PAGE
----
Cord-cutters come in all shapes and sizes, but not everyone cutting out the middle- man—aka the cable company—from the
live linear media consumption transaction is eager or even willing to hand their hard-won additional discretionary funding directly to another
middleman, even in the form of apps offered directly by the premium content providers whose
channels form the backbone of basic cable.
The reasons why—convenience, catalog, and
cost, in that order—should be a wake-up call to
Let’s first consider the convenience factor.
Sometimes it’s just hard to watch linear content
on a device other than a traditional television
hooked to a cable box. While writing this article,
I clicked on a link from Fox.com to watch live-linear Fox content, the same content I would
watch if I were a cable subscriber. Instead of video, though, I got a cryptic message: “Sorry there
was a problem accessing your video on Fox.com.”
Clicking on a help link ( ask.fox.com) brought
me to an equally cryptic and highly confusing
page, which offered no less than six steps—
including restarting the computer, with the helpful
advice that “in most circumstances, this … allows
the video to load”—and an additional five steps
to consider if I am using Safari as a browser.
If I actually took the time to follow all 11 steps,
it would probably take about the same time as
would be required to unpack, mount, and automatically program an HDTV digital antenna.
If I had taken the time to plug in the digital
antenna, though, I might have been as pleasantly surprised as Forbes’ Scott Kramer, who
recently reviewed two different digital HDTV
antennas from Antennas Direct and Mohu.
(One is from a company that says it has enjoyed double-digit compound annual growth
in digital antenna sales over the past 5 years.)
Kramer gave a balanced review, stating that
he was able to pull in around 50 stations from
his rural home between San Diego and Los Angeles. When he watched the content, he was
impressed by the quality of over-the-air (OTA)
broadcasts of sports content—quality that sometimes surpassed what he found on cable.
The channel-changing speed on the digital
antenna, though, left a bit to be desired—it took
4 seconds between channels. Still, 4 seconds is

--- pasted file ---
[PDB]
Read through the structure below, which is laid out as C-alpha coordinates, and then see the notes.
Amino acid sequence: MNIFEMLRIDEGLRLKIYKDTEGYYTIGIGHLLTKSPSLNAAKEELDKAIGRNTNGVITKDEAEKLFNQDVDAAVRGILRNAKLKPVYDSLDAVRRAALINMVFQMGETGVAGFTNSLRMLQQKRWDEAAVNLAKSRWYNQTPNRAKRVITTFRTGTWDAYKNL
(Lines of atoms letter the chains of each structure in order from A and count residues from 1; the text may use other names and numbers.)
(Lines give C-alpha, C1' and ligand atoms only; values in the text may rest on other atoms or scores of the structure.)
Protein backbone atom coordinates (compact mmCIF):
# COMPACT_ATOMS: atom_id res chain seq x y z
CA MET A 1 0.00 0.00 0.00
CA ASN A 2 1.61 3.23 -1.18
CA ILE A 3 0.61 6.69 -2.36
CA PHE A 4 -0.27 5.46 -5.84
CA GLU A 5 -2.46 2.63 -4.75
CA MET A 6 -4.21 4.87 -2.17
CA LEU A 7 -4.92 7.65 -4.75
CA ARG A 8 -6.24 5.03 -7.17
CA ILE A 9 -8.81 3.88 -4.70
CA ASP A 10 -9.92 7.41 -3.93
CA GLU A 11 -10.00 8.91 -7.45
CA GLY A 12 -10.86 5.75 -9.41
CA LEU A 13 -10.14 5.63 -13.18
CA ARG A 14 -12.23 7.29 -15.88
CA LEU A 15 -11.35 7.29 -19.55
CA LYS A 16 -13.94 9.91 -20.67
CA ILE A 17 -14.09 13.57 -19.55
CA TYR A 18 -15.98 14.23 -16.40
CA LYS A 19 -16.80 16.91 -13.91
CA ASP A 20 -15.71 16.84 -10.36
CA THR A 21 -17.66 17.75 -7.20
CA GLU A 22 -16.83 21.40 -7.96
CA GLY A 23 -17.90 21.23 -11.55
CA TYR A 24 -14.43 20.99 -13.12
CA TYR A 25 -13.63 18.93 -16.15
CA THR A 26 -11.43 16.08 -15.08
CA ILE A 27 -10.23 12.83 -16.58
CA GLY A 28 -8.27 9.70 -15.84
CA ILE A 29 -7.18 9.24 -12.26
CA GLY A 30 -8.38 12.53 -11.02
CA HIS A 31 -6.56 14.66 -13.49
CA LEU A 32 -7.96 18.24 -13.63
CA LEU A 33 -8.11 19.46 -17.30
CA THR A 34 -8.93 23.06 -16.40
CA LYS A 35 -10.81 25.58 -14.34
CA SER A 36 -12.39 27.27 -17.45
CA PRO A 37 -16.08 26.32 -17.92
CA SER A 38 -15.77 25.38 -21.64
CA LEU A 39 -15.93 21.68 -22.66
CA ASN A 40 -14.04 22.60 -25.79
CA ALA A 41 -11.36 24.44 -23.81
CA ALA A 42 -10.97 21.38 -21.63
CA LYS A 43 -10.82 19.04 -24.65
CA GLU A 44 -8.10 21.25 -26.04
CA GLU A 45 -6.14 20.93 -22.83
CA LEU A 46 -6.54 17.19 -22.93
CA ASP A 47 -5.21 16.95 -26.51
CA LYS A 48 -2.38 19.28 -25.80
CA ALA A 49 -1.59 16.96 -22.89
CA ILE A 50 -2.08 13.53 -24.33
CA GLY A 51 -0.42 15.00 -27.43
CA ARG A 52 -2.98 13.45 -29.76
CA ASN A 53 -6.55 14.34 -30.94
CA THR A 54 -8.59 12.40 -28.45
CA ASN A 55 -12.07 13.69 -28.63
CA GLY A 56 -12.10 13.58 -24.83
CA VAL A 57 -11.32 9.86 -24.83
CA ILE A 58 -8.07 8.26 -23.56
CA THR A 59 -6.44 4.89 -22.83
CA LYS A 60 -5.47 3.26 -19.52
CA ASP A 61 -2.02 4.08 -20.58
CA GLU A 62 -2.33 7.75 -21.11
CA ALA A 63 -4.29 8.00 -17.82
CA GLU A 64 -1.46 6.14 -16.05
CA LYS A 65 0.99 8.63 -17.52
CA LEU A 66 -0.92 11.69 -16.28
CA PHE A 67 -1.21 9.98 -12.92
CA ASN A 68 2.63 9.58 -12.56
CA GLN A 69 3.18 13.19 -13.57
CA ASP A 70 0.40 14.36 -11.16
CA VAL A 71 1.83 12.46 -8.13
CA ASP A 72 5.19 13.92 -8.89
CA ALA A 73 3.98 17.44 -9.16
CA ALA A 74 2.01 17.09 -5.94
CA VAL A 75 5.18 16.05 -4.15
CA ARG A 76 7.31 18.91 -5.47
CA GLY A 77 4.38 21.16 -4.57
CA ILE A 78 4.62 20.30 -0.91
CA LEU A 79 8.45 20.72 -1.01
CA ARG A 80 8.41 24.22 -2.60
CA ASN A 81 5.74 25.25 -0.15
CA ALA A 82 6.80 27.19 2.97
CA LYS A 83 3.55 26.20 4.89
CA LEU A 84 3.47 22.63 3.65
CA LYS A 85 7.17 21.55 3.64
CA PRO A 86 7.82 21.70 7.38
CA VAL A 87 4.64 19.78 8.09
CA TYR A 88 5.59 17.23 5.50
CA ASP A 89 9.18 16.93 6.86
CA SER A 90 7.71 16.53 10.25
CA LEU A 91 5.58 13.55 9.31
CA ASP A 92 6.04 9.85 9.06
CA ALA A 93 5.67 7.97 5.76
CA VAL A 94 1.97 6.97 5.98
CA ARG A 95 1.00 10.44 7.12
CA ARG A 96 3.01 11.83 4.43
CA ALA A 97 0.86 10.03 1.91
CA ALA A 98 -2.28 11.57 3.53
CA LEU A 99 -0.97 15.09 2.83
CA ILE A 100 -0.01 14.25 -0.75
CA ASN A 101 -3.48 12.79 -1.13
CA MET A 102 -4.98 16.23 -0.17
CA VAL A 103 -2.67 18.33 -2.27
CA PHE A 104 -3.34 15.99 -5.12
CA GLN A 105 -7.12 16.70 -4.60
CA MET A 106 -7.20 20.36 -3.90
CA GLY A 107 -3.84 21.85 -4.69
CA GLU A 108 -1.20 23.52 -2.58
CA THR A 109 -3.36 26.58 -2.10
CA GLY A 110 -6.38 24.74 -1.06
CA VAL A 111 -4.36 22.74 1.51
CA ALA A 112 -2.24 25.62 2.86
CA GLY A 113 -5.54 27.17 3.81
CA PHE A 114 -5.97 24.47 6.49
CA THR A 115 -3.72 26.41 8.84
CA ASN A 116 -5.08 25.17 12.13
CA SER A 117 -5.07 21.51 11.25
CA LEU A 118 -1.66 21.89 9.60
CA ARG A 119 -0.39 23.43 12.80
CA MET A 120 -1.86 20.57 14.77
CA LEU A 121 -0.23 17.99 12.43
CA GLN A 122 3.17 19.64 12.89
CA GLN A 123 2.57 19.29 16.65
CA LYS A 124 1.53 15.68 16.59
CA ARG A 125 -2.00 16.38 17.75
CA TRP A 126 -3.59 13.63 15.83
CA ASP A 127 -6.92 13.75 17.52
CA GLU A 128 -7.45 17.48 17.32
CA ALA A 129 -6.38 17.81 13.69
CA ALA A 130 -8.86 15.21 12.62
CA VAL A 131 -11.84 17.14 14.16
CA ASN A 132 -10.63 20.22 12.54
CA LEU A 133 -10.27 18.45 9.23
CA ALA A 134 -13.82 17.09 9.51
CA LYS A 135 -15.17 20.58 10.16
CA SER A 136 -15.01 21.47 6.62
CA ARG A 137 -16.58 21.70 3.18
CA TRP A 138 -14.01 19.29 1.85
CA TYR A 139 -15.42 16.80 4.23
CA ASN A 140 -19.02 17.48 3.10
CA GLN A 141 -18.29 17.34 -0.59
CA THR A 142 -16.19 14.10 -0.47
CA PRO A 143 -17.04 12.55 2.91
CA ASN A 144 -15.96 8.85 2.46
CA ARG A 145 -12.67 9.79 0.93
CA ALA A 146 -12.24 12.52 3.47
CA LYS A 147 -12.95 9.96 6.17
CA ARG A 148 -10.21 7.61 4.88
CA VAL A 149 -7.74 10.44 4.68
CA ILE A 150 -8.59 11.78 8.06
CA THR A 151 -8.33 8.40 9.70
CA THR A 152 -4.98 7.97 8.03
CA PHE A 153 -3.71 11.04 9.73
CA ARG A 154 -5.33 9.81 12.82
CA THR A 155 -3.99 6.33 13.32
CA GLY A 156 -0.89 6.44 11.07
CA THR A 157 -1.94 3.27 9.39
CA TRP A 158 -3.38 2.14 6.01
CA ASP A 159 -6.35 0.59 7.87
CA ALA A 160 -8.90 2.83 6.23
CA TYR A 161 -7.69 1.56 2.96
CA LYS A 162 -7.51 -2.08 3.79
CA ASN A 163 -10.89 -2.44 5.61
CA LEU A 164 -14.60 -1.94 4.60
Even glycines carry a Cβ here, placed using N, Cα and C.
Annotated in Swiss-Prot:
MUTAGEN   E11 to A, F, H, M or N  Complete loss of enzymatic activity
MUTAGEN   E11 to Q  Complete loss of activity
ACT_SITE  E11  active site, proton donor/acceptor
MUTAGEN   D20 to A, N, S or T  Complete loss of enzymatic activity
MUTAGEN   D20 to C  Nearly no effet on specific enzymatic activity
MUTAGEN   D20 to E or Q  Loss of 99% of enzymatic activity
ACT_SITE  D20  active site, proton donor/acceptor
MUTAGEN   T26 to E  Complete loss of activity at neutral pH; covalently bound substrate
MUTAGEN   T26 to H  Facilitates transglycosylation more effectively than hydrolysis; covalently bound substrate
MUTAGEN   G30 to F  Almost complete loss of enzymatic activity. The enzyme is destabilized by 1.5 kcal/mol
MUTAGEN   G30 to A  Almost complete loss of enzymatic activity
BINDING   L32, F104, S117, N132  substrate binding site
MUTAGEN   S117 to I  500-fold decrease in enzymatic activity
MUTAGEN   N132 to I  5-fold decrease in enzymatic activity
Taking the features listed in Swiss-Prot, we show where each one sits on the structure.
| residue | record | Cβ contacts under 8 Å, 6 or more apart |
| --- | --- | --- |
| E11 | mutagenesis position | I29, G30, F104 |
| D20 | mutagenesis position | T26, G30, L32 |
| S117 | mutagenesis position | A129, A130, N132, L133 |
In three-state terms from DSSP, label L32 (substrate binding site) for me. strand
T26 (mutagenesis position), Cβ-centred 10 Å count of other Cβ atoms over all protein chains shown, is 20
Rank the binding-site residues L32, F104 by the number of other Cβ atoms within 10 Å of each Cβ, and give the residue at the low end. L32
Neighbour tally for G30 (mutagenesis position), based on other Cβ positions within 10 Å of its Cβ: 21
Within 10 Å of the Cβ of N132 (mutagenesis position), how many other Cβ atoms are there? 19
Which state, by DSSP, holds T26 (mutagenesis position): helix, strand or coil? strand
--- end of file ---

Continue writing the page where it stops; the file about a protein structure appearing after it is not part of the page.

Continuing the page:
about one-third the time of changing between
apps on an internet-streaming set-top box, and
the latency of actual OTA delivery is on par
with or slightly better than what most cable
Kramer wrote that he got about 50 channels
in his review test, with fewer in the evening—
albeit at more consistent quality—and more
during the daytime. The basic stats from the
National Association of Broadcasters (NAB), an
organization championing the continued use of
OTA spectrum for broadcast purposes, indicate
that most digital antennas can pick up channels
in a 50-mile radius as long as these paper-thin
internal HDTV antennas can be mounted in a
window facing in the general direction of television broadcast towers.
That brings us to the catalog question, or
what exactly a cord-cutter would watch if a
cord-cutter could watch … whatever he liked
One reason Kramer received almost 50 channels was due to the rise of what is being called
the diginet, which is short for digital networks.
These are the subchannel-only stations one finds
when programming an HDTV digital antenna.
They are designated by the “- 2” or “- 3” that
comes after the OTA station’s channel number.
In other words, if the traditional OTA station was
Channel 9, the main station would be 9-1, while
the diginets would be 9-2, 9-3, and maybe 9-4.
Typically, these subchannels are broadcast in
720p with the understanding that the standard
19.2Mbps that was originally reserved for MPEG-
2 Transport Stream (M2TS) single-channel 1080i
broadcasts can be subdivided into three 6Mbps
subchannels broadcasting in 720p.
Typical cable channel broadcasts hover
around 5.5Mbps, which may account for Kramer’s quality perception difference: He was,
indeed, more likely watching better-quality
(higher-bitrate) content over the air than he’d
been used to on his cable television set-top box.
What types of content do these diginets provide? Until recently, it’s primarily been reruns
or syndicated content. The major players in this
space went by names like Antenna TV, Bounce
TV, and Me TV. Most played content like classic Batman episodes, The Beverly Hillbillies, or
even The Twilight Zone.
Prime Time for Prime Time?